New Orleans Saints quarterback Drew Brees announced his retirement on Sunday, the anniversary of his signing with the team 15 years ago.
Brees retires as the All-Time Leader in several NFL categories:
He’s also second in passing touchdowns (571; only behind Brady’s 581) and completion percentage (67.7; behind Deshaun Watson’s 67.8).
Brees spent five seasons with the then-San Diego Chargers before an injury (torn labrum) to his throwing shoulder almost ended his career. He needed surgery, and teams were worried that he wouldn’t recover.
Well, New Orleans took the “risk” and it was well worth it. Brees went 142-86 during his time on the Bayou.
The Saints franchise regular season win percentage went up six percent during Brees’ 15 years with the team.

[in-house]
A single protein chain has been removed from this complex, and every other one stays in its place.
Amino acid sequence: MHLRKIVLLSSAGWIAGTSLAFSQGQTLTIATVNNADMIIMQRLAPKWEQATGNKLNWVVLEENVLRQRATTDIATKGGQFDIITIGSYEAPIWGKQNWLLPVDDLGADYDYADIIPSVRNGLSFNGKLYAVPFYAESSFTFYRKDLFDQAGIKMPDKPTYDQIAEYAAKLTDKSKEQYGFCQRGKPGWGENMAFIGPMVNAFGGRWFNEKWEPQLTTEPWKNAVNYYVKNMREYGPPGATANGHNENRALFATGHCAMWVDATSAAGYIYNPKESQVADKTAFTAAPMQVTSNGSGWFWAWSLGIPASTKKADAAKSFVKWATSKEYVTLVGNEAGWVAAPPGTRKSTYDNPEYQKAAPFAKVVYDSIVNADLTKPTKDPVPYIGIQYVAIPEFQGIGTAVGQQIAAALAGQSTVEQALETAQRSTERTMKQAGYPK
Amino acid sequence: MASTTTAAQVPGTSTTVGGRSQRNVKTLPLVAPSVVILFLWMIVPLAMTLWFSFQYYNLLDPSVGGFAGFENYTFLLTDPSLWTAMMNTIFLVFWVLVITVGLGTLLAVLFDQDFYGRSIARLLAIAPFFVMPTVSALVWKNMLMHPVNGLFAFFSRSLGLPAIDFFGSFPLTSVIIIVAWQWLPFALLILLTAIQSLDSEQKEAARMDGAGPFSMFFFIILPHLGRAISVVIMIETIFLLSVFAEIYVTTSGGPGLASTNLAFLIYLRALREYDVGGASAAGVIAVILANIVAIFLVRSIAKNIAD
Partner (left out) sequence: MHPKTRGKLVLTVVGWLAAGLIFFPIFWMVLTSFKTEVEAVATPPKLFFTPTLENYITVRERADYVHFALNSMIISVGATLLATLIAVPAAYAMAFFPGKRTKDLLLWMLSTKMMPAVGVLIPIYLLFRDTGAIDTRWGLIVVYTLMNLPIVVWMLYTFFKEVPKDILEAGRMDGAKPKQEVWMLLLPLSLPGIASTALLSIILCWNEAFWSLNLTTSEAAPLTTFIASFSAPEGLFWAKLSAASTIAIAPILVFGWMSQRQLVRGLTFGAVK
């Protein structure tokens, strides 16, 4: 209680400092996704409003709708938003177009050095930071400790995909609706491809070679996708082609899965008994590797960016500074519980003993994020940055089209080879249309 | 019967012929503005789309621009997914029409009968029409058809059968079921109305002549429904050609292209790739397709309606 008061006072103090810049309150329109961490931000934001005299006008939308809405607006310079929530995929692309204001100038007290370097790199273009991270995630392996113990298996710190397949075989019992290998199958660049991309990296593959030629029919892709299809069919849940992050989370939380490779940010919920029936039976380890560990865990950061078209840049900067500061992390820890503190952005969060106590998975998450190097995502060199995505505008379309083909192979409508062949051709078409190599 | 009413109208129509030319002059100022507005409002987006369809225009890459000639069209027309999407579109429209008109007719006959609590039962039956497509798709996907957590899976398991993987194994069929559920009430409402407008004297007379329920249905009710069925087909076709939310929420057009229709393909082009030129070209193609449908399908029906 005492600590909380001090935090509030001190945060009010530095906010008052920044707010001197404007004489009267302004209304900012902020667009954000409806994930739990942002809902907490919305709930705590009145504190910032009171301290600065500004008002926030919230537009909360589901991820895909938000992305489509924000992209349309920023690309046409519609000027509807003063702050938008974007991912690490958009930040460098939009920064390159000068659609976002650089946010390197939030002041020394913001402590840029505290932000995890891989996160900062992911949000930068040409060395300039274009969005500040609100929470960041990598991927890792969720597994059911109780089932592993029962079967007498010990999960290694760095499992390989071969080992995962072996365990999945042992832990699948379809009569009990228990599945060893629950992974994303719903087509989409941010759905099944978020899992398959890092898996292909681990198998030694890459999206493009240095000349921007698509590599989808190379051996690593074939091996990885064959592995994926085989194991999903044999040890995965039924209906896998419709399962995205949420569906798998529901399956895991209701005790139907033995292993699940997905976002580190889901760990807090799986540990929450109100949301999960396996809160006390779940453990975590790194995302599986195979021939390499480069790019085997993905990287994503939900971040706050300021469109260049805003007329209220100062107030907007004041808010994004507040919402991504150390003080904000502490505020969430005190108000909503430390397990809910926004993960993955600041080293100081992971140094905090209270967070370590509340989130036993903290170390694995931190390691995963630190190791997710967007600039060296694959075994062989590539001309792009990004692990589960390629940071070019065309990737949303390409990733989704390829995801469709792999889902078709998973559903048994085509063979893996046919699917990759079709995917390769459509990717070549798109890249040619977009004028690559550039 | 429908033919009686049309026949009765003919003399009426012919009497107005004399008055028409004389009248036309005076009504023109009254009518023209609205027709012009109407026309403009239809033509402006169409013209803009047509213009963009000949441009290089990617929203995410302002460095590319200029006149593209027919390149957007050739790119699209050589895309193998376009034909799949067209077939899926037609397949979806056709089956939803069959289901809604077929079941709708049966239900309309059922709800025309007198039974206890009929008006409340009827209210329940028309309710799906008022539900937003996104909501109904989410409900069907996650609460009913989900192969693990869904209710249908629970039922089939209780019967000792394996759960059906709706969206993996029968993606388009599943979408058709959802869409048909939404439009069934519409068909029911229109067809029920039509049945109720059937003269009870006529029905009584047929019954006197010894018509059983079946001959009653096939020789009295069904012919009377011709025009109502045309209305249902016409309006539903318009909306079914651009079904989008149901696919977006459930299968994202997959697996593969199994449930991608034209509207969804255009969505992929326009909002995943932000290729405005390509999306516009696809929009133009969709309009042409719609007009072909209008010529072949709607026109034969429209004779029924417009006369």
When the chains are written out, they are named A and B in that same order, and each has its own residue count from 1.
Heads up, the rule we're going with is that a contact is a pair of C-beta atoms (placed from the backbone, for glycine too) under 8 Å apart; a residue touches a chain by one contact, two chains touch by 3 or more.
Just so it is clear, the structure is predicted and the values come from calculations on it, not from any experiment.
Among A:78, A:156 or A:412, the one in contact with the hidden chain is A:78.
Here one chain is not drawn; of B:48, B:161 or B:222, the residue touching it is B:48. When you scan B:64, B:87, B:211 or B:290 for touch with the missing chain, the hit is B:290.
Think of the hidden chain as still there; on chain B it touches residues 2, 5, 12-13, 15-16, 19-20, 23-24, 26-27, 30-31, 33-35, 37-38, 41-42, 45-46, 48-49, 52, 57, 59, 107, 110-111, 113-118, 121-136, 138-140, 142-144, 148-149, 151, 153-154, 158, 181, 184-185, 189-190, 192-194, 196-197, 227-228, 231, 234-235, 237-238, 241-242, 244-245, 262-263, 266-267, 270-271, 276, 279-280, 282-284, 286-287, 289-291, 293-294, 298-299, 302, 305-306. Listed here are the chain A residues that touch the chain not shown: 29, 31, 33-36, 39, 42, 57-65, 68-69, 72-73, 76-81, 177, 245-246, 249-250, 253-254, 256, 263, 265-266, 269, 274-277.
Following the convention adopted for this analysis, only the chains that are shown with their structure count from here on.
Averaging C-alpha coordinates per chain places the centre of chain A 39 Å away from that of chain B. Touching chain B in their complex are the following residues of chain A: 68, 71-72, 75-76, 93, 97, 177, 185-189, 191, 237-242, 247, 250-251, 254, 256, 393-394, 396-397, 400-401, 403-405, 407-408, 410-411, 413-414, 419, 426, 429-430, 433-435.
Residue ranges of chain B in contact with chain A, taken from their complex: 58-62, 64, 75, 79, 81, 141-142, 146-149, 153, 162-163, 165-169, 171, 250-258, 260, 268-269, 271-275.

Before Drew Brees the team was 237-352-5 (39.9 win percentage), with Brees’ numbers the Saints are 379-438-5 (46.1 win percentage). There were 12 games he did not start in his 15 seasons with NO.
Also, New Orleans is 10-13 overall in playoff games. Nine of those 10 franchise playoff games came with Brees at QB. Overall, Brees went 9-8 in the postseason. In other words, the team was 1-5 in the postseason before Brees showed up.
In 2011, Brees won his (and the team’s) only Super Bowl appearance in SB XLIV, beating Peyton Manning and the Indianapolis Colts 31-17. Brees was named Super Bowl MVP after throwing for 288 yards and two touchdowns on 32-of-39 passing, which set the SB record for completion percentage (80.1).
Next, Brees will join NBC as a football analyst. He announced on Monday’s edition of the “Today Show” that he will work in-studio for “Football Night in America” and on NBC’s Sunday Night Football broadcast.
Then, five years from now he should be getting the call for enshrinement to the Pro Football Hall of Fame.
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